- In Xcode, developers will be able to choose to build an app for both platforms. Xcode will then replace some parts of the interface with the appropriate UI for the other platform. An app that requires a long press on iPhone will demand a keyboard-based equivalent on the Mac.
- While it will be possible to use Xcode’s built-in tools to quickly create apps for both platforms, the best apps will still require a little more work to fully exploit the potential of both platforms. Apple’s News app on a Mac shows a slightly more evolved UI than it does on iOS, for example.
- Speaking to Wired, Apple confirmed that developers may have to tweak the code for some app elements to optimize them for both platforms, menus and sidebars in apps, for example.
- It’s not yet clear how distribution will work. Will a developer be able to sell the Mac equivalent of its iOS apps outside the App Store? This may be less of a problem for enterprise developer who will share their software using the Apple Developer Enterprise Program.
No, this isn’t an iOS/macOS merger.
What will happen next?
The speculation that never dies is that Apple may one day port its Macs to its own ARM-based A-series processors. Marzipan doesn’t mean this is going to happen, but it does show that it is possible to run iOS apps on Intel chips. And the number of professional apps that do not run on iOS is shrinking rapidly.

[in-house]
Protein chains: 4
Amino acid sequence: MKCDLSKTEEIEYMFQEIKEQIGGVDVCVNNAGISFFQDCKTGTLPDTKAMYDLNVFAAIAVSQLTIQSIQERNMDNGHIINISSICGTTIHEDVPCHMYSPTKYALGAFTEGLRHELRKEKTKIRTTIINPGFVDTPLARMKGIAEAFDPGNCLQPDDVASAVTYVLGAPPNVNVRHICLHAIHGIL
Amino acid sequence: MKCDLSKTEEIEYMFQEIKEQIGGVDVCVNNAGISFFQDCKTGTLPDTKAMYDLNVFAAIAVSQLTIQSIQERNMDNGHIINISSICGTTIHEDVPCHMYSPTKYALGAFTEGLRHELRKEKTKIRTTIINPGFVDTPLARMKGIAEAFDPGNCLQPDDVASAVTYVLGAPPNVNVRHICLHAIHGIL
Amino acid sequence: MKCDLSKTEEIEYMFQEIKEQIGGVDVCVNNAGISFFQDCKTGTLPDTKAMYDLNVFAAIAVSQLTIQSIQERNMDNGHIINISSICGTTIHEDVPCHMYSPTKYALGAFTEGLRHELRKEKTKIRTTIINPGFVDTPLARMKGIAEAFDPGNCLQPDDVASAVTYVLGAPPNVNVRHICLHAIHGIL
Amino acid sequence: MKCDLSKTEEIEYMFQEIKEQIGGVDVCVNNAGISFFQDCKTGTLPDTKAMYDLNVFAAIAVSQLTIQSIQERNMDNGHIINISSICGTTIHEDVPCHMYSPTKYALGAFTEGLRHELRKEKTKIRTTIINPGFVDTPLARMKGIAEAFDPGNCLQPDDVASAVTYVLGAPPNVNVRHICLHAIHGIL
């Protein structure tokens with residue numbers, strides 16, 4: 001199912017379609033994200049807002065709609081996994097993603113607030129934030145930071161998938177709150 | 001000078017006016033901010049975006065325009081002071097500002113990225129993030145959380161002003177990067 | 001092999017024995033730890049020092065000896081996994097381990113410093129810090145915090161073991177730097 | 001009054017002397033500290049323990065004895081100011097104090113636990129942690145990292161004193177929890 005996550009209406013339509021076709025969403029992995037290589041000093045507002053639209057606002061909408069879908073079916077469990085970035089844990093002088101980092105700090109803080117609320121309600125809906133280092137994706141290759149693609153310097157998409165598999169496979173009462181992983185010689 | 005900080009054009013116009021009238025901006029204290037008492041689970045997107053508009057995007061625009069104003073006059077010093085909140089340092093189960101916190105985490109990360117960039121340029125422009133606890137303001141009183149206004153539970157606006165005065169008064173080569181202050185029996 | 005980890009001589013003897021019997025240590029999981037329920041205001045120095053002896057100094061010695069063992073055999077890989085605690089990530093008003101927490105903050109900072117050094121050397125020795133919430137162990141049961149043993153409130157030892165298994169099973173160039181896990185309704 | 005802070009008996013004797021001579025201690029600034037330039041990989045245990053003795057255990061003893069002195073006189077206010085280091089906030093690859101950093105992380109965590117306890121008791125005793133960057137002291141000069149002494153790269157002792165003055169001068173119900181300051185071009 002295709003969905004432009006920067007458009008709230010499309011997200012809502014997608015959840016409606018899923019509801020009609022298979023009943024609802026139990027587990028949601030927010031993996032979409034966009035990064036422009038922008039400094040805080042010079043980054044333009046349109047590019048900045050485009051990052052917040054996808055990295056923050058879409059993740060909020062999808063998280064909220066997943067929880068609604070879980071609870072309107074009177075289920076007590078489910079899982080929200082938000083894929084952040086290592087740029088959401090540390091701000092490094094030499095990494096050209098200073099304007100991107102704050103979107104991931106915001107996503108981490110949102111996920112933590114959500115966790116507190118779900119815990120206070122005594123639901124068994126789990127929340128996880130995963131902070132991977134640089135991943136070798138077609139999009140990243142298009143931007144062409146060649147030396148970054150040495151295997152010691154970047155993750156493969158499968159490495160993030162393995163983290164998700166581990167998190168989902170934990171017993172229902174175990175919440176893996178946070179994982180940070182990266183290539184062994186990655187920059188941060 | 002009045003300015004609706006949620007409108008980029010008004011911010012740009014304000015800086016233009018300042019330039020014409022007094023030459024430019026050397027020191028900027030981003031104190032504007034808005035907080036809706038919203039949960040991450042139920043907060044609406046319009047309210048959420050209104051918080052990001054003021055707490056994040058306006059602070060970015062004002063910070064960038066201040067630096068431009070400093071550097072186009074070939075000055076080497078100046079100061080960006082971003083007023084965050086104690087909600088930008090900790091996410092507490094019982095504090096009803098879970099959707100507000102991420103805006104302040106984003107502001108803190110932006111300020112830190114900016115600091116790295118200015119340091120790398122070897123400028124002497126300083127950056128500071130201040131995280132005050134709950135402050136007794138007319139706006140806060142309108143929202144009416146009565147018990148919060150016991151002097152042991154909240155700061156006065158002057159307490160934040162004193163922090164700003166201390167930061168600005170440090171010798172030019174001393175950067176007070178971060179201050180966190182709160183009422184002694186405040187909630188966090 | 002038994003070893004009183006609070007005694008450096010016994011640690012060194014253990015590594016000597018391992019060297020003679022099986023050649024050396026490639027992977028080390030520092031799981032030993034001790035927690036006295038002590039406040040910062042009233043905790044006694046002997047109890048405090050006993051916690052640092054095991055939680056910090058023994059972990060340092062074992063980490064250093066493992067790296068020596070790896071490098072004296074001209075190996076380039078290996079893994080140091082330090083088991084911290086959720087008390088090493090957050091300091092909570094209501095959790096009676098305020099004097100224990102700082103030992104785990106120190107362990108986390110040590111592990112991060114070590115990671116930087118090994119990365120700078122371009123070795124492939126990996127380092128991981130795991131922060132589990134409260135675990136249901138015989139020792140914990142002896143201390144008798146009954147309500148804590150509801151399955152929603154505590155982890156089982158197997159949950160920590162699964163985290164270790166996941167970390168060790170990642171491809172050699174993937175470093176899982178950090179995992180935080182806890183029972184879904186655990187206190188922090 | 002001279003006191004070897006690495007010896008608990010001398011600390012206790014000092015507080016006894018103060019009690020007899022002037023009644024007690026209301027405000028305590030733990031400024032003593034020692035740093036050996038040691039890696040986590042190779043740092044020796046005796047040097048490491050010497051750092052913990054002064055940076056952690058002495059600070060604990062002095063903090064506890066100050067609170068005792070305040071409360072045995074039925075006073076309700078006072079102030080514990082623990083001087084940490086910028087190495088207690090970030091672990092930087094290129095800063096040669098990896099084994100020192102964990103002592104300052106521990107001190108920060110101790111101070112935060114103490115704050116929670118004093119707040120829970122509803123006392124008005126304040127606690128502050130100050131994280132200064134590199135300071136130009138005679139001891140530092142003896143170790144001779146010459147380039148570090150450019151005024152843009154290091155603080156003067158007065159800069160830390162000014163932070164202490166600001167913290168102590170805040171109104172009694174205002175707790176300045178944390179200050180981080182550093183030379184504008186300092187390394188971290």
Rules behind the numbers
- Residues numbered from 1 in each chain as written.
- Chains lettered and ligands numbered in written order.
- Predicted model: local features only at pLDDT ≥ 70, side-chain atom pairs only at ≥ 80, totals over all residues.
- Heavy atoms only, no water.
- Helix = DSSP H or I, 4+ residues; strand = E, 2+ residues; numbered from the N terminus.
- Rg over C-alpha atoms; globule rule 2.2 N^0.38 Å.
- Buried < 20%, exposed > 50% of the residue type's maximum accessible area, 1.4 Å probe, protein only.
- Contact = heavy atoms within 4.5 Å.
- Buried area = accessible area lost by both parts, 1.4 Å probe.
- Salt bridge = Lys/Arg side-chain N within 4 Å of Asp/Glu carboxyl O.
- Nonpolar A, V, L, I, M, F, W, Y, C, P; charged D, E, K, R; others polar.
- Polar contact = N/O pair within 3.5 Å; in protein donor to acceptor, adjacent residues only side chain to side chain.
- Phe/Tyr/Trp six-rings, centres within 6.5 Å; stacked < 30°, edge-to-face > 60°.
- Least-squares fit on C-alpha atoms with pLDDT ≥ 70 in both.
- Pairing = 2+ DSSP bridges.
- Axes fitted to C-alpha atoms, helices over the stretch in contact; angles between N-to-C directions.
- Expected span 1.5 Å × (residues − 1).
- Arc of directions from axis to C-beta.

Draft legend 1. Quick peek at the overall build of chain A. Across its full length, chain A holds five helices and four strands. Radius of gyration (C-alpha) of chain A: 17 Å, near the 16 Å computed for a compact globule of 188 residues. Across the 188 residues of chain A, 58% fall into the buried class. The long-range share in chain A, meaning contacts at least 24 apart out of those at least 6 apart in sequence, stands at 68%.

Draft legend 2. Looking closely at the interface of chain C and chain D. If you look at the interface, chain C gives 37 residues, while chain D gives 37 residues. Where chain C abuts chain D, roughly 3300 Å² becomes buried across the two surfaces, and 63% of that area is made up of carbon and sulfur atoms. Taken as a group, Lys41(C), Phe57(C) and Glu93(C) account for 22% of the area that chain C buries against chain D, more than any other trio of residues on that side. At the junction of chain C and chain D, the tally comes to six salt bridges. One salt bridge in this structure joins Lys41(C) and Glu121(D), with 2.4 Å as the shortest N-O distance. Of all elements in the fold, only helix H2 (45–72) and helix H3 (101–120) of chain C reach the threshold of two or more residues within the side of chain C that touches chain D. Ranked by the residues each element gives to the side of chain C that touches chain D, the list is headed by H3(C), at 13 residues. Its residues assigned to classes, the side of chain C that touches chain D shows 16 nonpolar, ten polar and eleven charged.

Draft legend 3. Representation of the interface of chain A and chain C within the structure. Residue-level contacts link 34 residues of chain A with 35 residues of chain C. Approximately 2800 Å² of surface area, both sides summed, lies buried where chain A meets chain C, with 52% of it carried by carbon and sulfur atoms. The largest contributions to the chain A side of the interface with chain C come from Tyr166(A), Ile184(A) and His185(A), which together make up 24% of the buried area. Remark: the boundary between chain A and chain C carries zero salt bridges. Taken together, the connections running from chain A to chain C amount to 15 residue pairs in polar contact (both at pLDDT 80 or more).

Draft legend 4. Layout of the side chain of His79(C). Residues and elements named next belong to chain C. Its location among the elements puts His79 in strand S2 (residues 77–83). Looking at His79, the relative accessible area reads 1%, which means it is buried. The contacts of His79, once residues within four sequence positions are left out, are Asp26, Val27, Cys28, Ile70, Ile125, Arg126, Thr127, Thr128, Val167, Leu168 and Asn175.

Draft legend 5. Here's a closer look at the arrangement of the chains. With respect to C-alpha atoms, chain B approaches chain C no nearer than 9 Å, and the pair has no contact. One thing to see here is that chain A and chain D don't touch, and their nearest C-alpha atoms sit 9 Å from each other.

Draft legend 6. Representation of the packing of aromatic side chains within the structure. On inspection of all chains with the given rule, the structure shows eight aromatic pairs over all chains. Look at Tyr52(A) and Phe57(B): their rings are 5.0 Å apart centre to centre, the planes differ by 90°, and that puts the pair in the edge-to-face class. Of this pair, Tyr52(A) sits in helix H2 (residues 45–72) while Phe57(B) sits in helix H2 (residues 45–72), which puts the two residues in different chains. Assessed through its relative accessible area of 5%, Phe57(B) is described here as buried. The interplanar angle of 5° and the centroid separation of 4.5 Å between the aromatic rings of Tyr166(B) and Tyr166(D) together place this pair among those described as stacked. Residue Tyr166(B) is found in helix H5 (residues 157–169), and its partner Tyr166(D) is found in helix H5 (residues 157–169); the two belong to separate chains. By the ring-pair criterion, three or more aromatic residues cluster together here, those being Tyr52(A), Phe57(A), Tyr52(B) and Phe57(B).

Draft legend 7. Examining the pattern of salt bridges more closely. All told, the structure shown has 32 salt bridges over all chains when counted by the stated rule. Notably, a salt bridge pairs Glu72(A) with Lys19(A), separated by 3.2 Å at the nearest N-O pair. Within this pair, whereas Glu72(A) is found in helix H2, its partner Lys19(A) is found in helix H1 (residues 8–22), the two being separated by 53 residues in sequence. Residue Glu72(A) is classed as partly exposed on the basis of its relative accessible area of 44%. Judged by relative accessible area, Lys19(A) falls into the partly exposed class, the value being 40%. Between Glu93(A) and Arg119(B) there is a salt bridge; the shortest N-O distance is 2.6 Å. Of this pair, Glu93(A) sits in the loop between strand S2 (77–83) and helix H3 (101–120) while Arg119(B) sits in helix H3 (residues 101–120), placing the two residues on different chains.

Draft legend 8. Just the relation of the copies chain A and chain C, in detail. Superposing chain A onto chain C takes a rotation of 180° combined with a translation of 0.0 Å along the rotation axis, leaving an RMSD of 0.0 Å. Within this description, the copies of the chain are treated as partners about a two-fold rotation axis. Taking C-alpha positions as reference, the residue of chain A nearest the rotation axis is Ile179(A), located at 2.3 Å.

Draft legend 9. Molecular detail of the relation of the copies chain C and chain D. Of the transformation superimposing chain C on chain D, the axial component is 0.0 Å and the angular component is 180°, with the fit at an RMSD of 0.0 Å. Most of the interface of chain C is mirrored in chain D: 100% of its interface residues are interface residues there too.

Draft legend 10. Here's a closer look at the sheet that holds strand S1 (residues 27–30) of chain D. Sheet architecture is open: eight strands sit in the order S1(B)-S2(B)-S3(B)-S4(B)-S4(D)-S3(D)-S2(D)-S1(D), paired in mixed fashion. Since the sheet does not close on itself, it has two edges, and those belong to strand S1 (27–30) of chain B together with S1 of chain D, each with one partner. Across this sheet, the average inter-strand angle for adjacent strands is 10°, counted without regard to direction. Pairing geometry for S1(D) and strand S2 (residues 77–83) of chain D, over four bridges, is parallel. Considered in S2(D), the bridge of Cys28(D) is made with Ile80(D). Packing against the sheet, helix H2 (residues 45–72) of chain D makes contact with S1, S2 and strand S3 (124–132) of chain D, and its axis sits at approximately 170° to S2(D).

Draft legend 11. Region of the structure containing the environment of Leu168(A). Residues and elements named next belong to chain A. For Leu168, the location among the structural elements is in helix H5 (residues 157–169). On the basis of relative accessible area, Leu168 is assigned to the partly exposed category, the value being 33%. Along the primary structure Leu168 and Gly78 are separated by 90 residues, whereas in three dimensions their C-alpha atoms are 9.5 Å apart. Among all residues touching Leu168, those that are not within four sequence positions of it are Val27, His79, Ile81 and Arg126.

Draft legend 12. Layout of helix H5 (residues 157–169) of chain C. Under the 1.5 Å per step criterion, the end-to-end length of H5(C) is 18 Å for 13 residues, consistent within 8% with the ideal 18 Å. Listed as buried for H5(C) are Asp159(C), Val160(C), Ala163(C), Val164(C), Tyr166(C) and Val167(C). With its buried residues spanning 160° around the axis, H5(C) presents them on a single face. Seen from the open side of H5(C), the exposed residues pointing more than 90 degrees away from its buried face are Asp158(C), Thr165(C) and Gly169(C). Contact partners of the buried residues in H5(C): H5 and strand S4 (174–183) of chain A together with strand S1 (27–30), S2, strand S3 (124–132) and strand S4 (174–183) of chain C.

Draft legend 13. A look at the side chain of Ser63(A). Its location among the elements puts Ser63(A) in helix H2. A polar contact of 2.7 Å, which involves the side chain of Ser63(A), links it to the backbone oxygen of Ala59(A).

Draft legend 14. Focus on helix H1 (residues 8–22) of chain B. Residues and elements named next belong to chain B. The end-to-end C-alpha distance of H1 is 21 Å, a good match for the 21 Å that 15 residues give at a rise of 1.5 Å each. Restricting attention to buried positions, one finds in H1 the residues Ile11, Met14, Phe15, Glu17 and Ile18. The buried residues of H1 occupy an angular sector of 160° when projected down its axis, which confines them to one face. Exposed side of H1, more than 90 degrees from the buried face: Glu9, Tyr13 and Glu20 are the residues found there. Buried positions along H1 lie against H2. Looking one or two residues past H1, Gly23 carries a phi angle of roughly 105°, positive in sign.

In other words, if Apple were to choose to move to ARM for Mac, it would have a large number of compatible apps ready to go along for the ride.
I anticipate that Marzipan will improve rapidly until we find it is driving most available Mac apps. And it is nice to imagine an external mouse working with an iPad Pro.
Apple is certain to give us a much deeper look at its work with the technology at WWDC 2019. “We are continuing to develop this technology and we are working to fully vet it before making it available to you and your applications which we are planning to do next year,” Apple confirmed during its State of the Union address at its developer event last year. Watch this space.
While pulling this article together I encountered the following highly informative reports developers hoping to get a little familiar with Marzipan may want to take a look at while we wait for Apple to completely changes some of the key concepts at WWDC 2019 in June:
Developers, please let me know what you plan to do with Marzipan once it ships.